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By helping tsunami victims, America has a PD opportunity

We Are the World
By sending help to tsunami victims, America takes advantage of a public diplomacy opportunity.

Tuesday, January 4, 2005 12:01 a.m. EST

Colin Powell and Jeb Bush are now on a diplomatic mission to the nations hit by the tsunami. But as residents from Thailand in Southeast Asia to Somalia on the horn of Africa pick through the debris, it will not be lost on them that not only are food, fresh water and other necessities streaming in from the free societies of the world, but also that a large portion of those necessities are arriving on American military transports.

This may seem unremarkable in America. After all, it is the U.S. military that has the "lift" capacity. But this tsunami is putting on display exactly what United Nations and European bureaucrats are loath to admit: that the U.S. and its military are forces for good in the world. From the wealth and freedom that allow Americans to generously give to those in need to the military infrastructure that enables much of that aid to be delivered, this natural disaster is an advertisement for the type of societies that best serve the people of the world.

The Saudi royal family may write a few checks. Even the Iranian mullahs may be cajoled into handing over a few rials. But broad relief requires tapping the creativity, insight and generosity of a wide cross-section of society. And it is only the free societies of the world that have both the wherewithal and the ability to pinpoint and quickly meet emerging needs. That's something that goes a long way in undermining the message al Qaeda leaders have been preaching for a better part of a decade. America isn't seeking world domination. Tsunami help is coming with no strings attached.

This simple fact has to be driving Osama bin Laden bananas. Only a month ago the news surfaced that al Qaeda operatives were training in Malaysia to carry out attacks in Thailand. Bin Laden's minions have also been active in Indonesia--which is both the world's largest Muslim nation and a democracy--and nearly every other country hit by this disaster. Now that Mother Nature has laid waste to the region herself, the terrorists aren't about to turn around and help in the rebuilding. It's clear that the vision al Qaeda has for the region more closely resembles the beachfronts after the deadly waves came crashing ashore than before, when they were still resort communities teeming with fun.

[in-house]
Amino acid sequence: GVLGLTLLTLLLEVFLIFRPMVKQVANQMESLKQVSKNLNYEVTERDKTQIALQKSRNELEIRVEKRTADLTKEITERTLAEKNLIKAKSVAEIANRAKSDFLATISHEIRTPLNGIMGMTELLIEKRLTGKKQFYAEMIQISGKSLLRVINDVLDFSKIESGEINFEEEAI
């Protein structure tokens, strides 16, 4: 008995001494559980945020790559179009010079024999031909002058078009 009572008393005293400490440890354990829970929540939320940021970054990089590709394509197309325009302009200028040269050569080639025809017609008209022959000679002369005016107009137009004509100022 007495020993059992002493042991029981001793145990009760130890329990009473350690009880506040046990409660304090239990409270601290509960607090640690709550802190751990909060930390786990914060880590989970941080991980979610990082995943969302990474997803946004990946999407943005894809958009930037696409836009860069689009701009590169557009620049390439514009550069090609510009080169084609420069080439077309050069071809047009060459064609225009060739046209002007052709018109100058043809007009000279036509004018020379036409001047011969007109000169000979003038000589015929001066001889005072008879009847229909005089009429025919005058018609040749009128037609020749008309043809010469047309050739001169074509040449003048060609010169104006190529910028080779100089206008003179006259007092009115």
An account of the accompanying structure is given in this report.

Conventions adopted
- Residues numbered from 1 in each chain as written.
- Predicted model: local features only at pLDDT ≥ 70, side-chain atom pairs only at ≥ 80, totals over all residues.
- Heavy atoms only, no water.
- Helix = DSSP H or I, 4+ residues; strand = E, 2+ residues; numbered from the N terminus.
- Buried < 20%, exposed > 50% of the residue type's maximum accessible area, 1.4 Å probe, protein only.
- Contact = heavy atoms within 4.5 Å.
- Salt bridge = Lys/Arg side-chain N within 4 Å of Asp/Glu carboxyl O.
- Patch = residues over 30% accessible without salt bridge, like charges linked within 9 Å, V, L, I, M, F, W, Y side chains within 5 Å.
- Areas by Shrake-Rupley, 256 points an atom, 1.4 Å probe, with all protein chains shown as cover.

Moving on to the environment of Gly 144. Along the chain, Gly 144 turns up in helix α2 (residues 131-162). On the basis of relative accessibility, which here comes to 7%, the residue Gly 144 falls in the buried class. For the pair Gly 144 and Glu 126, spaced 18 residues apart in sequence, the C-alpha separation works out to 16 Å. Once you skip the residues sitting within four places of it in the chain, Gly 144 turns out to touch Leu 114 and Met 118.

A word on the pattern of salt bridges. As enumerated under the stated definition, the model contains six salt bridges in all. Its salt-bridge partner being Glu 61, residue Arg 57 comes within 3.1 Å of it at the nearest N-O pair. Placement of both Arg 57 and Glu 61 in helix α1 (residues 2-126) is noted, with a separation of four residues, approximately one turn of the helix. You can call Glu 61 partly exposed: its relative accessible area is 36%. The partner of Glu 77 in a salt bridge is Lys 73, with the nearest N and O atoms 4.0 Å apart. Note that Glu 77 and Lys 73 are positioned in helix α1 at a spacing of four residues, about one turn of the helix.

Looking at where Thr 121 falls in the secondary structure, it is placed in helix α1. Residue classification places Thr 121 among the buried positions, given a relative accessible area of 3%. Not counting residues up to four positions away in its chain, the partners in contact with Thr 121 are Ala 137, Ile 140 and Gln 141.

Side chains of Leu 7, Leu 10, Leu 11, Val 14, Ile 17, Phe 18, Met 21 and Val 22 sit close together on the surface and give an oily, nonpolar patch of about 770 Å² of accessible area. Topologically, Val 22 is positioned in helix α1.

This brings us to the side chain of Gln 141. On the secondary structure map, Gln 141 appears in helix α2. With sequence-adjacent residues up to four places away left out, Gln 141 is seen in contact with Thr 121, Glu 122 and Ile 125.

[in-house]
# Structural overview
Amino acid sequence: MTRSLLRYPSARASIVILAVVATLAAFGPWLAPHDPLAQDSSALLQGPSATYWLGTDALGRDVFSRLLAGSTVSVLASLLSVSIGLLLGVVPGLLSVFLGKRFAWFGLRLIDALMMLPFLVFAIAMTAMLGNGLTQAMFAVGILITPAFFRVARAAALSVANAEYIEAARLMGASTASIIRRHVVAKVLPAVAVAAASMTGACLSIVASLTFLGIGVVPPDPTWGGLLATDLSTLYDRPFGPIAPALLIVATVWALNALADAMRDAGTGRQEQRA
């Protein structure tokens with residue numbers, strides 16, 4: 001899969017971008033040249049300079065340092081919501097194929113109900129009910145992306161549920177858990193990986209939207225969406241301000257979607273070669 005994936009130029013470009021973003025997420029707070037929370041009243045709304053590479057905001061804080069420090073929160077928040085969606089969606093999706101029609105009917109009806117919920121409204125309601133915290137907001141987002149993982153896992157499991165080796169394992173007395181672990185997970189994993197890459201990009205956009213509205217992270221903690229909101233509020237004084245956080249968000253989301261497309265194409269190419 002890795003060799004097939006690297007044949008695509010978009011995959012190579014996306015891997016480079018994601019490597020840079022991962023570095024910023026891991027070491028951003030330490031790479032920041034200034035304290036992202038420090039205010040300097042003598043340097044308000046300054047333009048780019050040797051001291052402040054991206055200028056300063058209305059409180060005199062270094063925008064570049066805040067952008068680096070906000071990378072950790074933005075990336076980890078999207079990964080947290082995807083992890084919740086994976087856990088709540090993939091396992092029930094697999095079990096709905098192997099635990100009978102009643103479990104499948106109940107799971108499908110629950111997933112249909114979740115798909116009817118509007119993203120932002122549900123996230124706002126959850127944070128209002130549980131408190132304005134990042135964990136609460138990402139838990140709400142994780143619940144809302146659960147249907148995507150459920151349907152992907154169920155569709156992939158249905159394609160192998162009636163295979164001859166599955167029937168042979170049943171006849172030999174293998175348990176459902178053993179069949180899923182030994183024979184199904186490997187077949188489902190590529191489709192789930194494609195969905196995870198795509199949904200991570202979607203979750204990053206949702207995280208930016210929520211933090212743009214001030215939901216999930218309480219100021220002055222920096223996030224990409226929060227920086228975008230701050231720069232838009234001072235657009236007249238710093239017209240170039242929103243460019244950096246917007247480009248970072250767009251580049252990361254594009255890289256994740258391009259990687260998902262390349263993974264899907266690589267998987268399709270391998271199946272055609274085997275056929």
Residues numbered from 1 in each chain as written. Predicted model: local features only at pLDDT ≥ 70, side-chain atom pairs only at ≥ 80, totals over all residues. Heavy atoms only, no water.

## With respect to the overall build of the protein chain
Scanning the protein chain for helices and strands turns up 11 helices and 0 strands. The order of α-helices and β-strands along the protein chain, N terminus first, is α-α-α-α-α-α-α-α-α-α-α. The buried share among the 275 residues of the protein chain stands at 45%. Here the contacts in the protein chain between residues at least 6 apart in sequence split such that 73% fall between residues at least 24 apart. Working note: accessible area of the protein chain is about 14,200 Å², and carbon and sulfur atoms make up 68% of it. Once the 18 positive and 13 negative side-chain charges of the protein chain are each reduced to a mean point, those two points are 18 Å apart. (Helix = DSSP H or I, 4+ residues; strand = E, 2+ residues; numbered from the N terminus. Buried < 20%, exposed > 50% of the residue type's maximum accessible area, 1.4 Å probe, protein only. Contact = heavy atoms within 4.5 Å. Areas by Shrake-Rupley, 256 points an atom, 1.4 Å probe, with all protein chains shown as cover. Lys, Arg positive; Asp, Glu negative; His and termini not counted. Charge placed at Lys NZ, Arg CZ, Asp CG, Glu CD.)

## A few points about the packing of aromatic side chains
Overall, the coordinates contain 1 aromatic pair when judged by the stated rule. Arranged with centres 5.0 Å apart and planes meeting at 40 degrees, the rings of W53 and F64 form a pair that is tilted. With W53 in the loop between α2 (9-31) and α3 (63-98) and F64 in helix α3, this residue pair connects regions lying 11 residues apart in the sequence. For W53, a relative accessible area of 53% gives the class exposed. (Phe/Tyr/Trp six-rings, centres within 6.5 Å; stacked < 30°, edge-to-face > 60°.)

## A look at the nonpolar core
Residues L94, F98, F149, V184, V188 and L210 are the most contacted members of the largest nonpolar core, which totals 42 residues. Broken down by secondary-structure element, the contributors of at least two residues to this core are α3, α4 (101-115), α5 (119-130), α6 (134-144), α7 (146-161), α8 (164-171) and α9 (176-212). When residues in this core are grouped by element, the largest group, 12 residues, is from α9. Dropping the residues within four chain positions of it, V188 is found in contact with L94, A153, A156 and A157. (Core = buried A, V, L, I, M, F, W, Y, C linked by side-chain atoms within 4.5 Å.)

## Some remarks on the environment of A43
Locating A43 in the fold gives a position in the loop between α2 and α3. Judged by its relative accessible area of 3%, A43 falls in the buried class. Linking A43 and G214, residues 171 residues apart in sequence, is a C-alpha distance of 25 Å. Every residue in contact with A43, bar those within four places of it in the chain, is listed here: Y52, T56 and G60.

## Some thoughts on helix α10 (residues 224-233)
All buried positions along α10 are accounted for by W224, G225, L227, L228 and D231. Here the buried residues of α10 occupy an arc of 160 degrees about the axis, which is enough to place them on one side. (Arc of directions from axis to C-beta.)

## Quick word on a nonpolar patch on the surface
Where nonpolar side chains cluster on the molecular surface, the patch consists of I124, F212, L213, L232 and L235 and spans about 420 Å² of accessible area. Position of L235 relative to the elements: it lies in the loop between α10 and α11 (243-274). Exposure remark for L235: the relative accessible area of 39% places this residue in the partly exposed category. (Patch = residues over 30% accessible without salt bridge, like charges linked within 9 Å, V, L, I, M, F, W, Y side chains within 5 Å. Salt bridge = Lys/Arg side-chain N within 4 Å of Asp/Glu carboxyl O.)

By responding with generosity, it is also clear that the vision Americans share is of all nations prospering. Liberty for all is more than a political ideal; it's also the foundation of President Bush's foreign policy. Admittedly this is partly for the selfish reason that prosperous countries are unlikely to breed terror. Nonetheless, the policy is benefiting Afghans, Iraqis and Muslims around the globe.

Which brings us back to the Euroweenies and U.N. bureaucrats and American politicians who've spent much of the past three years complaining that Mr. Bush's "unilateralist" policies would alienate key allies in the war on terror. The U.S. government has pledged $350 million in disaster relief--a figure that will almost certainly rise in the coming weeks and months--which is being more than matched by private donations from all across America. The U.N. might talk a good game, but when the water came in around them, the people of Southeast Asia didn't hold much of a grudge with Mr. Bush. Indeed, the question quickly became: What is America going to do to help?

The point here isn't to squeeze a political opportunity out of what may be the worst natural disaster in recorded history. Rather it is to recognize that what's at stake in the war on terror is also what was nearly swept away by the sea--civilization itself. It won't be lost on the people of Thailand as they face their own terrorist problem that the same American military that is battling al Qaeda is now helping them battle the brutal natural world as well. The training exercises the U.S. military regularly conducts around the world with other nations' armed forces will now take on an added significance.
There are times in life when we are all called to stand up and chose sides in the great moral struggles of our time. What the people of Southeast Asia are seeing is that in a region al Qaeda has been actively targeting, it is America that is standing up when it counts. It's hard to see how that Bush policy will alienate the very people al Qaeda seeks to dominate. Quite to the contrary, it is the American system--free people governing themselves--that is now standing shoulder to shoulder with those who have lost nearly everything.

Mr. Miniter is assistant editor of His column appears Tuesdays.

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